Review

“Why Do I Always Feel Tired?” – Evaluating Older Patients Reporting Fatigue

Harish Pillai, MD; Steven R. Gambert, MD, AGSF, MACP

Affiliations:

Division of Gerontology and Geriatric Medicine, Department of Medicine, University of Maryland Medical Center, Baltimore, MD

GRECC, Baltimore VA Medical Center, MD

Abstract: Fatigue is a common symptom in elderly persons, but it is often ignored as many patients and healthcare providers assume it is a natural progression of aging or may mistake it for somnolence, dyspnea, or muscle weakness. Since its importance is often underestimated, patients with fatigue may not receive an intervention, potentially resulting in significant functional decline. This article discusses the importance of identifying the underlying etiology or etiologies of a patient’s fatigue so that it can be eliminated, if possible, or managed appropriately. History-taking, including consideration of the patient’s symptom severity, is the most important part of evaluating fatigue. The authors present an algorithm that can be used to help identify the cause of a patient’s fatigue.

Key words: Fatigue, chronic fatigue syndrome, causes of fatigue, medication-related fatigue, physiological fatigue, algorithm for fatigue.
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Although fatigue is common among older people, it is frequently underreported and often not even evaluated because, much like pain, it is often identified by both the older individual and his or her family or caregiver(s) as a natural part of the aging process. A 2010 study measuring the degree of interference with walking, work, and social interactions due to pain and fatigue showed that healthcare professionals tended to give a low priority to evaluating older persons reporting fatigue; in contrast, patients rated fatigue as one of the most important symptoms needing to be evaluated.1 Another recent study, which compared patient self-reports of symptom severity with inferences made by nurses and caregivers in a hospital chemotherapy unit, showed that nurses tended to underestimate the patients’ degree of fatigue.2 Such discrepancies delay work-up and/or intervention; therefore, it is important that healthcare professions caring for older persons not ignore symptoms of fatigue. The often-confusing manner in which the patient may express the problem of fatigue can complicate its identification. Individuals with fatigue, for example, frequently report that they are “weak.” If weakness is ruled out by physical examination, reports of weakness should be equated with fatigue and approached accordingly. This article provides an overview of fatigue in the older patient, including a discussion of its definitions, epidemiology, classification, and impact on older adults. It also offers an algorithm that can be used to evaluate and correct the etiology or etiologies of fatigue.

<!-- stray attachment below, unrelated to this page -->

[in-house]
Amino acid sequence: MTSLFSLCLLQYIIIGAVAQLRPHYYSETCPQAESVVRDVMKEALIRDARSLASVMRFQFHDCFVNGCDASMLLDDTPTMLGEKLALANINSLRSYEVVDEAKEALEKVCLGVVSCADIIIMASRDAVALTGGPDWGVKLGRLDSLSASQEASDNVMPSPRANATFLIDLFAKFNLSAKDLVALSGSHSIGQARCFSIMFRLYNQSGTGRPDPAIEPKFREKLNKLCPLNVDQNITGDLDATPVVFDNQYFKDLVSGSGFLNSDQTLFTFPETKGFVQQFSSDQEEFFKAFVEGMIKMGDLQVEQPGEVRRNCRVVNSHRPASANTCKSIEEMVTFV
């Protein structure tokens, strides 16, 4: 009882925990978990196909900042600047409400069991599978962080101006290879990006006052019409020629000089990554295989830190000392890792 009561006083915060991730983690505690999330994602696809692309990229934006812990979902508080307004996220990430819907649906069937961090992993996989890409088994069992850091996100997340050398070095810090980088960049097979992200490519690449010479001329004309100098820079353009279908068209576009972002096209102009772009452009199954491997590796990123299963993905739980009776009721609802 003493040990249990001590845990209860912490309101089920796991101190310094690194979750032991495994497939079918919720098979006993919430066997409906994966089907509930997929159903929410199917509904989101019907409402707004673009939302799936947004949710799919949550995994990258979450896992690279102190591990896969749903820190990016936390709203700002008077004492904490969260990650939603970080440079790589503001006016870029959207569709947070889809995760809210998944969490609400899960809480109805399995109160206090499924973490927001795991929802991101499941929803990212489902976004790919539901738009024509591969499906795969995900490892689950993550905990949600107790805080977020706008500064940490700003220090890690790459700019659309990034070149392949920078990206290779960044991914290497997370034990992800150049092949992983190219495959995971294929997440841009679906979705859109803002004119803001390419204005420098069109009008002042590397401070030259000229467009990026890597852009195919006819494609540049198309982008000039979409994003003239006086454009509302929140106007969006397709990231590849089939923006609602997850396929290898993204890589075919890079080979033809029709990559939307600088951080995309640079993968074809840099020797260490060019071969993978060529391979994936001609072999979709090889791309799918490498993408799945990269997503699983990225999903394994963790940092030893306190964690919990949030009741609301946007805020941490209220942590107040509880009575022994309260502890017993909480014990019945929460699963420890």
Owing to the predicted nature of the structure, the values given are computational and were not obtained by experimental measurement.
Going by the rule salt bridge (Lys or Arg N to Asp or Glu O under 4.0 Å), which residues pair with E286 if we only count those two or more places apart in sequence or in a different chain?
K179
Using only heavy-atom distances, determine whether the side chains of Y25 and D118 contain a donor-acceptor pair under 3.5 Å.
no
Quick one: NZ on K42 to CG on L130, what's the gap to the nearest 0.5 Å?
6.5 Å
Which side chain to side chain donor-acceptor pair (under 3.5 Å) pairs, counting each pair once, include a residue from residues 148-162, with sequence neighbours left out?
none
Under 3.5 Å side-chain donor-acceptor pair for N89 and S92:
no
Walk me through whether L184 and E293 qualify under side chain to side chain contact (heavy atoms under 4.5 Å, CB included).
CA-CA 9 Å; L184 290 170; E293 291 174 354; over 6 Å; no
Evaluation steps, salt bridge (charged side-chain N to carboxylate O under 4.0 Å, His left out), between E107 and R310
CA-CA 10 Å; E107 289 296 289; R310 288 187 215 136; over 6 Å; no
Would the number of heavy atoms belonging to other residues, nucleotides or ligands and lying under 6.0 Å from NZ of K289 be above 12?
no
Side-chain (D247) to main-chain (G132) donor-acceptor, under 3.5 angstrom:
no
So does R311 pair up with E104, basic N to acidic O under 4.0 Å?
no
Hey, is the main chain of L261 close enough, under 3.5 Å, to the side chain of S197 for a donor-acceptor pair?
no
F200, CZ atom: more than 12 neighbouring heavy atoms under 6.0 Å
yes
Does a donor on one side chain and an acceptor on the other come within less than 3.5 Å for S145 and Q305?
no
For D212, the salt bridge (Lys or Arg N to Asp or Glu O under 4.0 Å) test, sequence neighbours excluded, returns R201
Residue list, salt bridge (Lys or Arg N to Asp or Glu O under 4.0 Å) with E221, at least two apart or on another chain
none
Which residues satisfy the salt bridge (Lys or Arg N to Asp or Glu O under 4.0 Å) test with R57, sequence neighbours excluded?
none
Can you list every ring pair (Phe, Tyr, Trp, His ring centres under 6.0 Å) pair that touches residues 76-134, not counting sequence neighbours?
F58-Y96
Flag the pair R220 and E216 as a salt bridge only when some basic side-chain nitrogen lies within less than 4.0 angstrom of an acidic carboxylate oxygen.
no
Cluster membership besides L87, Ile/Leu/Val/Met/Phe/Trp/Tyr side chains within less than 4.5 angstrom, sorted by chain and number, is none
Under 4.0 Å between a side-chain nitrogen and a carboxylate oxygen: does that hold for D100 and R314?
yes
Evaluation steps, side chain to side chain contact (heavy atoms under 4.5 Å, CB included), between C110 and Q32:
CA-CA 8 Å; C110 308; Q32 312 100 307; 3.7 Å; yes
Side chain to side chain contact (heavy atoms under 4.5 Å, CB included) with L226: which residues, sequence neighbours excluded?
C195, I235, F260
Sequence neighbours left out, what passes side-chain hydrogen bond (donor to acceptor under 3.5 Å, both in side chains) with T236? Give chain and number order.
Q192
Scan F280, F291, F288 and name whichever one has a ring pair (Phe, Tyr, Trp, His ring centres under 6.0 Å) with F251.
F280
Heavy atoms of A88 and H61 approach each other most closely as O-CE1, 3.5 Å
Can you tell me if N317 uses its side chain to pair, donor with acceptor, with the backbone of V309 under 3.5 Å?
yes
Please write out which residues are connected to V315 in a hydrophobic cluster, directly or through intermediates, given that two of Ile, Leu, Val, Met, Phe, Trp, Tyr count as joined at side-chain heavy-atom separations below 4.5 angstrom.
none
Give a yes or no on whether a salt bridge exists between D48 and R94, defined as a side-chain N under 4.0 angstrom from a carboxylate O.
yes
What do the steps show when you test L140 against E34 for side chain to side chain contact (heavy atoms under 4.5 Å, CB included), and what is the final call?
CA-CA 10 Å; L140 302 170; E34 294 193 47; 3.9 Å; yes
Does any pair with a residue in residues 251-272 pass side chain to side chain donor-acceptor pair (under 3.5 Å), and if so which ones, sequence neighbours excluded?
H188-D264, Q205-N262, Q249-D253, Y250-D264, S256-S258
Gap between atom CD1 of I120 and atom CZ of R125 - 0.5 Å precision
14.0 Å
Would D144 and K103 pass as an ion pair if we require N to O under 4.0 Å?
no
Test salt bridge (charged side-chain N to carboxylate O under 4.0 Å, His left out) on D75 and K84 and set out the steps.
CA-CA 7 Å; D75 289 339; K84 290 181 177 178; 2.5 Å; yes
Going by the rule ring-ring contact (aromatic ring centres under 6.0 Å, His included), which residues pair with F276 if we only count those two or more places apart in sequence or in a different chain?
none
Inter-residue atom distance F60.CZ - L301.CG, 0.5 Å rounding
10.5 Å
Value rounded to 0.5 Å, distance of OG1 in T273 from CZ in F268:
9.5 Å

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Definitions of Fatigue

There is no universally accepted definition of fatigue because the condition is a subjective sensation. The National Institutes of Health defines fatigue as a feeling of weariness, tiredness, or lack of energy, which is different from drowsiness—a feeling of needing sleep—in that there is marked lack of motivation in one’s daily activities.3 Drowsiness and apathy can be symptoms of fatigue.3 One definition of fatigue requires the following characteristics: (1) an inability to initiate a normal activity due to perceived generalized weakness; (2) a reduced capacity to maintain activity (ie, easy fatigability); and (3) difficulty with concentration, memory, and emotional stability (ie, mental fatigability).4

At times, individuals report feeling fatigued when, in fact, they have other issues affecting their daily lives, such as boredom, distaste for work, exhaustion, lack of energy, sleepiness, tiredness, dyspnea, or weakness.5 While fatigue should be distinguished from symptoms of somnolence (ie, the quality or state of being drowsy), dyspnea (ie, difficult or labored respiration) and weakness, these symptoms may coexist with fatigue, especially in the older person, who is more likely to have multiple medical conditions. While there are many causes of dyspnea, such as chronic obstructive pulmonary disease (COPD) and congestive heart failure, fatigue itself is not associated with symptoms of dyspnea.6 In addition, an undiagnosed sleep disorder, such as narcolepsy or obstructive sleep apnea, may contribute to a patient’s fatigue.

Epidemiology of Fatigue

The current prevalence of fatigue in the US older adult population is not known because varying definitions of fatigue have been used in clinical studies.7However,population-based surveys from Britain and the United States have estimated the prevalence of fatigue to be between 6.0% and 7.5%, respectively.8An estimated 21% to 33% of patients who seek medical attention in primary care settings report having significant fatigue; further, symptoms of fatigue account for approximately 7 million office visits per year in the United States, with the majority of these patients being women.

Classification of Fatigue